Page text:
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22-05-2020 | Uitgave 10/2020

Quality of Life Research 10/2020

Calibration of a physical functioning item bank for measurement of health-related quality of life in Singapore

Quality of Life Research > Uitgave 10/2020
Ying Ying Leung, Elenore Judy B. Uy, Dianne Carrol Bautista, Yong Hao Pua, Yu Heng Kwan, Yin Bun Cheung, Yunshan Xiao, Terrance Siang Jin Chua, Julian Thumboo
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The online version of this article (https://​doi.​org/​10.​1007/​s11136-020-02535-0) contains supplementary material, which is available to authorized users.

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We aimed to develop and calibrate an item bank to measure physical function (PF) in Singapore, a multi-ethnic city in Southeast Asia.


We recruited participants from community and hospital settings stratified for age and gender, with and without medical conditions to administer candidate pool of 61-items derived from the people’s perspectives. We calibrated their responses using Samejima’s graded response model of item response theory (IRT), including model assumptions, model fit, differential item functioning (DIF), and concurrent and known-groups validity.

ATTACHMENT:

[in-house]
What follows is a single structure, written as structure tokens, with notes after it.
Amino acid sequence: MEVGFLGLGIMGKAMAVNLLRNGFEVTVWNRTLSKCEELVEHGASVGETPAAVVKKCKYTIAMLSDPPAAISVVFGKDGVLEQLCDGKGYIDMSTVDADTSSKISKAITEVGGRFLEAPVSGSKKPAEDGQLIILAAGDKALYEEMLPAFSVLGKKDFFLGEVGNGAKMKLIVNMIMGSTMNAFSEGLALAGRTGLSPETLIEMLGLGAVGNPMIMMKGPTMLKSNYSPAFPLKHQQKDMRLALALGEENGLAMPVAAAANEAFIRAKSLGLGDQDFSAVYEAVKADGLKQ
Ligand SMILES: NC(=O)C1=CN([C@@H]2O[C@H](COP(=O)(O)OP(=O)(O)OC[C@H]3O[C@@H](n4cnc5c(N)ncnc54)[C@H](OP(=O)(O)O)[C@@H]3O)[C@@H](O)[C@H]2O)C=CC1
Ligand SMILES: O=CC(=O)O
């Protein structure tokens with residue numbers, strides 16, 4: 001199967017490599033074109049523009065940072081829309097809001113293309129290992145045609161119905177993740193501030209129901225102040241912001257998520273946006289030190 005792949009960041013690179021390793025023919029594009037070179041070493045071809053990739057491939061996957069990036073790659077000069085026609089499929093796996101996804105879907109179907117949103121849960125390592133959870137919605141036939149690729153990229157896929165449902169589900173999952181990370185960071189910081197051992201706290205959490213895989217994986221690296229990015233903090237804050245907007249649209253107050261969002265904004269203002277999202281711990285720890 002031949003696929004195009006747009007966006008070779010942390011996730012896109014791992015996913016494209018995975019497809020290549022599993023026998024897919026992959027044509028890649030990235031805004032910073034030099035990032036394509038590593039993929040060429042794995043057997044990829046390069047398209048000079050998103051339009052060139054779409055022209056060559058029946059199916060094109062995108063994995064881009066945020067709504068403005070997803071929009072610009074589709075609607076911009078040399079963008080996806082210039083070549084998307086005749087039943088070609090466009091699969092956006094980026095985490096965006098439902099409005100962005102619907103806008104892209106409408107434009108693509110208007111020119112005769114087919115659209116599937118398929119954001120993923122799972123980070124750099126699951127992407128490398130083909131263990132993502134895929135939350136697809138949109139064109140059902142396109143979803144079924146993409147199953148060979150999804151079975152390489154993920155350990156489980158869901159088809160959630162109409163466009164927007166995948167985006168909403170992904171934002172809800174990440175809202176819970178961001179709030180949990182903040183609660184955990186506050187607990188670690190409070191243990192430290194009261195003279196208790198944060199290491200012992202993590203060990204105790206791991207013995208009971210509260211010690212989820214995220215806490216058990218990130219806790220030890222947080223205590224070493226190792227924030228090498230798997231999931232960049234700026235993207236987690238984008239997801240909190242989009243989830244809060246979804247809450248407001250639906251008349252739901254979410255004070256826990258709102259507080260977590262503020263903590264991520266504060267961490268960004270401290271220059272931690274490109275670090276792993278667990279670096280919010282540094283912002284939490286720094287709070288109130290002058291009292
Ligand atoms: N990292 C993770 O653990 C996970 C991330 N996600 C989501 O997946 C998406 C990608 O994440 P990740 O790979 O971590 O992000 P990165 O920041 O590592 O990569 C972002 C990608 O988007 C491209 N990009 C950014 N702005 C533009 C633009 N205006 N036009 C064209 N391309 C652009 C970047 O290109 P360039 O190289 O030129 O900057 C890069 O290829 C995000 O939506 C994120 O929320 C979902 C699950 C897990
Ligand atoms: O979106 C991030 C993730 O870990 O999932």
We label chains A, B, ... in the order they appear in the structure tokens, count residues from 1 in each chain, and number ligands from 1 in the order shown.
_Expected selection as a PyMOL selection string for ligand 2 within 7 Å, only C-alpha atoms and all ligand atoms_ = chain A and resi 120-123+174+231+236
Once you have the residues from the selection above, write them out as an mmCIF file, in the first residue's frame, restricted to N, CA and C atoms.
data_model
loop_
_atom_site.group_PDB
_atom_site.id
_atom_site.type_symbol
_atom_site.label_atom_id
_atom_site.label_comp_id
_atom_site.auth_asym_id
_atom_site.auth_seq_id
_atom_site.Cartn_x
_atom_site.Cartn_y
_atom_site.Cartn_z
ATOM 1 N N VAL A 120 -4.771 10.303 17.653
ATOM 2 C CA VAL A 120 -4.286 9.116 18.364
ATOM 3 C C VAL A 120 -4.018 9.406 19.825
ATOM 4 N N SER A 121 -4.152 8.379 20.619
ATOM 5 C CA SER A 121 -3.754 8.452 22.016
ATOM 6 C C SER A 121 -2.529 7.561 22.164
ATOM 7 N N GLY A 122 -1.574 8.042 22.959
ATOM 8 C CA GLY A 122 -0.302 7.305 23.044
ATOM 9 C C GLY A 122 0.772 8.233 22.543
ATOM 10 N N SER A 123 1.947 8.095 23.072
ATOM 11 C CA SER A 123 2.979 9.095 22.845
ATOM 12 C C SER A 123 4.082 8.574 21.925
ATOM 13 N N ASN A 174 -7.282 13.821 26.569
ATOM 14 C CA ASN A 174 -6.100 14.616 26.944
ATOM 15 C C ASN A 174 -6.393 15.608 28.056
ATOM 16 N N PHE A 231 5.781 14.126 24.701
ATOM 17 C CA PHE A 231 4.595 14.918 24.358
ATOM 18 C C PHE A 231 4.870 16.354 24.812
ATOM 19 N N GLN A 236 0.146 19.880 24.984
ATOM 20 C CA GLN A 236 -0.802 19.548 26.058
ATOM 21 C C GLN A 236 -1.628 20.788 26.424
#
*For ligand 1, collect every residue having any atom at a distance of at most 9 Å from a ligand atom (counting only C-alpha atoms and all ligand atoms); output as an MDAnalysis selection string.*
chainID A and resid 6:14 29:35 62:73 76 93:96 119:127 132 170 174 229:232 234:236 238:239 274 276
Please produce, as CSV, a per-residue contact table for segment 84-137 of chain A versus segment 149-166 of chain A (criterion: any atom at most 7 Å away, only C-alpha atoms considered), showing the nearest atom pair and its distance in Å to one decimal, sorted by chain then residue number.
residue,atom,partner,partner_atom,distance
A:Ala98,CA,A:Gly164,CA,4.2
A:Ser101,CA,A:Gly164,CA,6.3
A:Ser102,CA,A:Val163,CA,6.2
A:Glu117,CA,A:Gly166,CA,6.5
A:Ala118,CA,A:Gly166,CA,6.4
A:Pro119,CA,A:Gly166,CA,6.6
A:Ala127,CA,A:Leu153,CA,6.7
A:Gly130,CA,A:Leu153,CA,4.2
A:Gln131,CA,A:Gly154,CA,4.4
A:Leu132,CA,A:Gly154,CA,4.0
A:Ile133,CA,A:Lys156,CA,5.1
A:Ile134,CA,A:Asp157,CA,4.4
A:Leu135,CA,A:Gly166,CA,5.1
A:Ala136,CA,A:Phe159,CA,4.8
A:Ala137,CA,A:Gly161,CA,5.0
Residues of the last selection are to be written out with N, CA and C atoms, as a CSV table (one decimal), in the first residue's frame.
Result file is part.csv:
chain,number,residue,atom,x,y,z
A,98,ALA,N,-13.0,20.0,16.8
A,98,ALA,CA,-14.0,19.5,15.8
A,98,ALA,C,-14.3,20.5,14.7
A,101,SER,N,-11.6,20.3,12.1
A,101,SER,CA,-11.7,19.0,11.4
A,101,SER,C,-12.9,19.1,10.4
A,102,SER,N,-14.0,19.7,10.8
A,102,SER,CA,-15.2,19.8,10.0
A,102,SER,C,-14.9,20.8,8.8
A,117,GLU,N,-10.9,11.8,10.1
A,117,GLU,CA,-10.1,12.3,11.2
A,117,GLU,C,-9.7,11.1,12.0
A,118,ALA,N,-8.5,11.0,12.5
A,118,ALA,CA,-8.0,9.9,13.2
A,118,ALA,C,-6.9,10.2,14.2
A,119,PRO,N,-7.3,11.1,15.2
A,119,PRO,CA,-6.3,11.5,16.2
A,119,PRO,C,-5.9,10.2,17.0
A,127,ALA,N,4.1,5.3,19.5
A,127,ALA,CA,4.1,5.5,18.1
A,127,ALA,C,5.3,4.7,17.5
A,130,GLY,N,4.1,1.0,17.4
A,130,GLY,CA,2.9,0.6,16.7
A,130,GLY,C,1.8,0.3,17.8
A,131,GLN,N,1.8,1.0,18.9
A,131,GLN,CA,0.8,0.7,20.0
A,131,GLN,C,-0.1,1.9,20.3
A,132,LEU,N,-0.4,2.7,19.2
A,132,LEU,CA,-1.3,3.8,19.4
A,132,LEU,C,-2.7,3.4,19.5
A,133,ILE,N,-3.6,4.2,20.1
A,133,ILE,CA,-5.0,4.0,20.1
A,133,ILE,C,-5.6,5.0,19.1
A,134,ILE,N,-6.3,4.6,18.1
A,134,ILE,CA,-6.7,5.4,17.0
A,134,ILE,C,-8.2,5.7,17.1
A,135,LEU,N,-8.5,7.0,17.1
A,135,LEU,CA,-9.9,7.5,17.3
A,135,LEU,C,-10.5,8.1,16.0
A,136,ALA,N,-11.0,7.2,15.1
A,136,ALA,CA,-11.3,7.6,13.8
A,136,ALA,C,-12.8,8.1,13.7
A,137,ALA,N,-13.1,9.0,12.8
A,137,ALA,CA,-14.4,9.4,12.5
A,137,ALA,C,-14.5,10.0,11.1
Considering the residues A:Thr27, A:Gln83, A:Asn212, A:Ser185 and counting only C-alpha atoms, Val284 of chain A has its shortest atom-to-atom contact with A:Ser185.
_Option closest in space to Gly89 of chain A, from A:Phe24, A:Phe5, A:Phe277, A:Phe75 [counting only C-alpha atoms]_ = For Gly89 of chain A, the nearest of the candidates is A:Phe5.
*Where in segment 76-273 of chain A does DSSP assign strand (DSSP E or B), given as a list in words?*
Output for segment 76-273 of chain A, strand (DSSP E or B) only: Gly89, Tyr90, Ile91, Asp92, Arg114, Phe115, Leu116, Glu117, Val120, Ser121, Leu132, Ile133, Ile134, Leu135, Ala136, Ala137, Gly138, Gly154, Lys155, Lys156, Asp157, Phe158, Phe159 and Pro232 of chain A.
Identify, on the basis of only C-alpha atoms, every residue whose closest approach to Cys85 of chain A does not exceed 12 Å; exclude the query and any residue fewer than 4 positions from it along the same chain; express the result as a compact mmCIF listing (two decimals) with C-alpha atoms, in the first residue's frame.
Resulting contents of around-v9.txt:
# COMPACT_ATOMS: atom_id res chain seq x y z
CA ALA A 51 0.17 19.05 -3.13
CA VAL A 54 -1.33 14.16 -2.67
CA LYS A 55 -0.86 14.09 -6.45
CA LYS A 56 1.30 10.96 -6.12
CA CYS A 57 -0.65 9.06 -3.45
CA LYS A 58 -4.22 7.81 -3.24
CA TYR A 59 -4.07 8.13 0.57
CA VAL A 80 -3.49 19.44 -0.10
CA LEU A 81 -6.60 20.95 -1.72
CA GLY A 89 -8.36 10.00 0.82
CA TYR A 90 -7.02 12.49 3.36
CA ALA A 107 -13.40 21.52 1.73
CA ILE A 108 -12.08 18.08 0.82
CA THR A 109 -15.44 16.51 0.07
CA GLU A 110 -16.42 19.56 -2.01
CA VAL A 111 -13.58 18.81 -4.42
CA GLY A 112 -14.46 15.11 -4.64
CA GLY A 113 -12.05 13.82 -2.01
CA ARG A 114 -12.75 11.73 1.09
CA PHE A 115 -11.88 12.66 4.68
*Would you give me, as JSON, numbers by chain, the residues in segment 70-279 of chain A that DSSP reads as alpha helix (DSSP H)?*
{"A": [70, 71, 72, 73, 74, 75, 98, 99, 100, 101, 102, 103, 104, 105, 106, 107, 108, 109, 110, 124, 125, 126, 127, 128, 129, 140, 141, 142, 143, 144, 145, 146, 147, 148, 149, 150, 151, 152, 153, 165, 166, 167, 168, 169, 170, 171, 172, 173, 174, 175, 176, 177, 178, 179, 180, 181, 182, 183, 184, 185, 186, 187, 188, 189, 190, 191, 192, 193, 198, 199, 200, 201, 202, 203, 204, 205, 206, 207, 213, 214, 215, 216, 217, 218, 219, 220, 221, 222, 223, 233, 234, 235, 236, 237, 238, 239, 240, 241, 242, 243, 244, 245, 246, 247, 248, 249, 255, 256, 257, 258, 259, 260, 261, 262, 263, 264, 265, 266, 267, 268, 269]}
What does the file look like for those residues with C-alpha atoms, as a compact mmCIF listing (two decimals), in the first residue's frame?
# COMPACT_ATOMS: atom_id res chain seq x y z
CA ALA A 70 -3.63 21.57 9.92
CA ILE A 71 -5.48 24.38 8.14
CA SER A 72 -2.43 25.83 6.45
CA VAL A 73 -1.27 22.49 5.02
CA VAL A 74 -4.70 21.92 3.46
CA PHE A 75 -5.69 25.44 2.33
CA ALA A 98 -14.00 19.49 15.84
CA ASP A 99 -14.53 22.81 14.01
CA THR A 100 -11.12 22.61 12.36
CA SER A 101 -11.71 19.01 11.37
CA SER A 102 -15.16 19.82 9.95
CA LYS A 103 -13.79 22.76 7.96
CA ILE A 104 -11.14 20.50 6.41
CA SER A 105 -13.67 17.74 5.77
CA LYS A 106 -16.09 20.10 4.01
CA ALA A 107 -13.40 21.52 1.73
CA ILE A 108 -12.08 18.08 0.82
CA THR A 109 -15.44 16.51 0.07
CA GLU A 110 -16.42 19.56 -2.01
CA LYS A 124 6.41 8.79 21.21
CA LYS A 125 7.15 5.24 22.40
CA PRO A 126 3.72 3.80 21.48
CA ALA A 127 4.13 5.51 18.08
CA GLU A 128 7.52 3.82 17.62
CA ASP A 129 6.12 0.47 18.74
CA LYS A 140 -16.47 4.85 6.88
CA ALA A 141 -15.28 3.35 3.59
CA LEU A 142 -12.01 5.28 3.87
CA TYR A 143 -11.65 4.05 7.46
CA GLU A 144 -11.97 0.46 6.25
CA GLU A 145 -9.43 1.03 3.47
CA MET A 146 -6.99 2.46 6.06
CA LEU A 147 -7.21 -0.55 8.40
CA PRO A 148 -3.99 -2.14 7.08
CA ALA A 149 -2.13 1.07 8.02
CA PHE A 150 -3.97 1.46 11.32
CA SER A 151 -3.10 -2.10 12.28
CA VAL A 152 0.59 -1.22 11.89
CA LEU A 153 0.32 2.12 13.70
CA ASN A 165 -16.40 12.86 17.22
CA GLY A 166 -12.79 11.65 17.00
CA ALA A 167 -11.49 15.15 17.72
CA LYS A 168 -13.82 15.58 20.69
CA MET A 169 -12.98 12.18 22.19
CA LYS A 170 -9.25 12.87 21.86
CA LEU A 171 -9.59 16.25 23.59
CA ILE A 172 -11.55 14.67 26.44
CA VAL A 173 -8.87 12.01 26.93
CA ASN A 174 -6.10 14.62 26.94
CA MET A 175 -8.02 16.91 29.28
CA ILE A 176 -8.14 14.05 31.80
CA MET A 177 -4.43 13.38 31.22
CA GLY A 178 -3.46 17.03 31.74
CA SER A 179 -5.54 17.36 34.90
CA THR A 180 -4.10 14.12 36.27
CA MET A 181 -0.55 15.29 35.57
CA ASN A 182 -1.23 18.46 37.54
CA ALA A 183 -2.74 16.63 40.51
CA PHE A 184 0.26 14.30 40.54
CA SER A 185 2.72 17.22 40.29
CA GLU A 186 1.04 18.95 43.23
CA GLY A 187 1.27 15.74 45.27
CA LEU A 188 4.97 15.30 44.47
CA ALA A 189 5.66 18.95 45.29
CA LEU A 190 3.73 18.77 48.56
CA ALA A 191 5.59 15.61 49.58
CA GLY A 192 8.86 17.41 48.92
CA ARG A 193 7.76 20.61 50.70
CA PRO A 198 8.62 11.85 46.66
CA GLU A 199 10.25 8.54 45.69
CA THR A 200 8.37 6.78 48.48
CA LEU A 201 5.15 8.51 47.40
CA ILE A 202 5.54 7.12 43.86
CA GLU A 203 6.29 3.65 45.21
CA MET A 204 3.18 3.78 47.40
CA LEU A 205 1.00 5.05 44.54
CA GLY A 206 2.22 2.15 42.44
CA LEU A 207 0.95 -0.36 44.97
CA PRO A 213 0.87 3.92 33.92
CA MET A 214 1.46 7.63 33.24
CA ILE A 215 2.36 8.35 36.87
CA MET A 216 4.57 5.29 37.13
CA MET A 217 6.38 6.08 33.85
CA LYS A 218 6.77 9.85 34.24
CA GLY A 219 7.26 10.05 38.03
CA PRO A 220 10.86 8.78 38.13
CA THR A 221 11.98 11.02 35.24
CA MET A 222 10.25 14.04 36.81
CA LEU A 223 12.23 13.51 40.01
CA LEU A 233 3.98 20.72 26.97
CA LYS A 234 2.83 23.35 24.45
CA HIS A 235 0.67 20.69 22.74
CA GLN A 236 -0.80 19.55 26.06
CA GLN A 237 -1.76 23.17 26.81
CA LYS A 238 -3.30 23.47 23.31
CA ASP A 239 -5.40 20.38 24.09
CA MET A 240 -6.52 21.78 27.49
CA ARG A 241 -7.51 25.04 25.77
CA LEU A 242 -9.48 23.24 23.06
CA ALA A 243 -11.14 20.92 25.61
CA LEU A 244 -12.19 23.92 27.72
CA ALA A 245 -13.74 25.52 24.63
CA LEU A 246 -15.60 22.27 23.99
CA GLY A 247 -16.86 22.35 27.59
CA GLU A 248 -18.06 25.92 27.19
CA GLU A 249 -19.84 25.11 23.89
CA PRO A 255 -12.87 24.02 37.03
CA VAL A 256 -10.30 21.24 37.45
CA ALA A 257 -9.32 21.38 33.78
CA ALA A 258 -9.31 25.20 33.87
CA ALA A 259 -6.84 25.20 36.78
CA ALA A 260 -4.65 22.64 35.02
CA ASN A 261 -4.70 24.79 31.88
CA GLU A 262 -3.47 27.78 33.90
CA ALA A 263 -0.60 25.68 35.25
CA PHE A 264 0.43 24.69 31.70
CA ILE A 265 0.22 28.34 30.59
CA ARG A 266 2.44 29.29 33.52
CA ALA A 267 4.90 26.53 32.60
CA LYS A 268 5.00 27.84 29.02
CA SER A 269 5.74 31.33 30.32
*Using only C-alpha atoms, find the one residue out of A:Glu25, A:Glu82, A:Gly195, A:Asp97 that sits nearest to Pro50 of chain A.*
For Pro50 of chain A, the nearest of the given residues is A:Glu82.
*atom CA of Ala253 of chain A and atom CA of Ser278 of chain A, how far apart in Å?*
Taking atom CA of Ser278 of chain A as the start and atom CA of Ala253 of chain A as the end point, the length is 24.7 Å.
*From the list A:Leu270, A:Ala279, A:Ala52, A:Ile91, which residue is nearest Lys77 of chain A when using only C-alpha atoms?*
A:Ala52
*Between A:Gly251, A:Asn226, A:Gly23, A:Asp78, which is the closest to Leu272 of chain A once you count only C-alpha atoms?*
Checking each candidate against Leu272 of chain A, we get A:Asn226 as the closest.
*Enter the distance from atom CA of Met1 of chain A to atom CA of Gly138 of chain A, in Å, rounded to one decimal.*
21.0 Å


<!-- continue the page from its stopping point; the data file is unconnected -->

496 participants (50% male; 41% above 50 years old; 33.3% Chinese, 32.7% Malay and 34.1% Indian; 35% without chronic illness) were included in the calibration of item bank. 6 items were excluded due to mis-fit and local dependence. Redundancies in the response level was collapsed and re-scoring, while preserving the 5-level response structure. We found the final 55-item PF bank had adequate fit to IRT assumptions of unidimensionality, local independence and monotonicity. Items generally showed discernible ceiling effects with latent scores between − 3.5 to + 1.5. We found no DIF with gender, ethnicity or education. The PF scores correlated in the hypothesized direction with self-reported global health (Spearman’s rho =  − 0.35, 95% confidence intervals − 0.43 to − 0.27) and discriminated between groups stratified by age, gender and medical conditions.


The 55-item Singapore PF item bank provides an adequate tool for measuring the lower end of PF, with greatest potential utility in healthcare settings where restoration to normal physical functioning is the goal of intervention.

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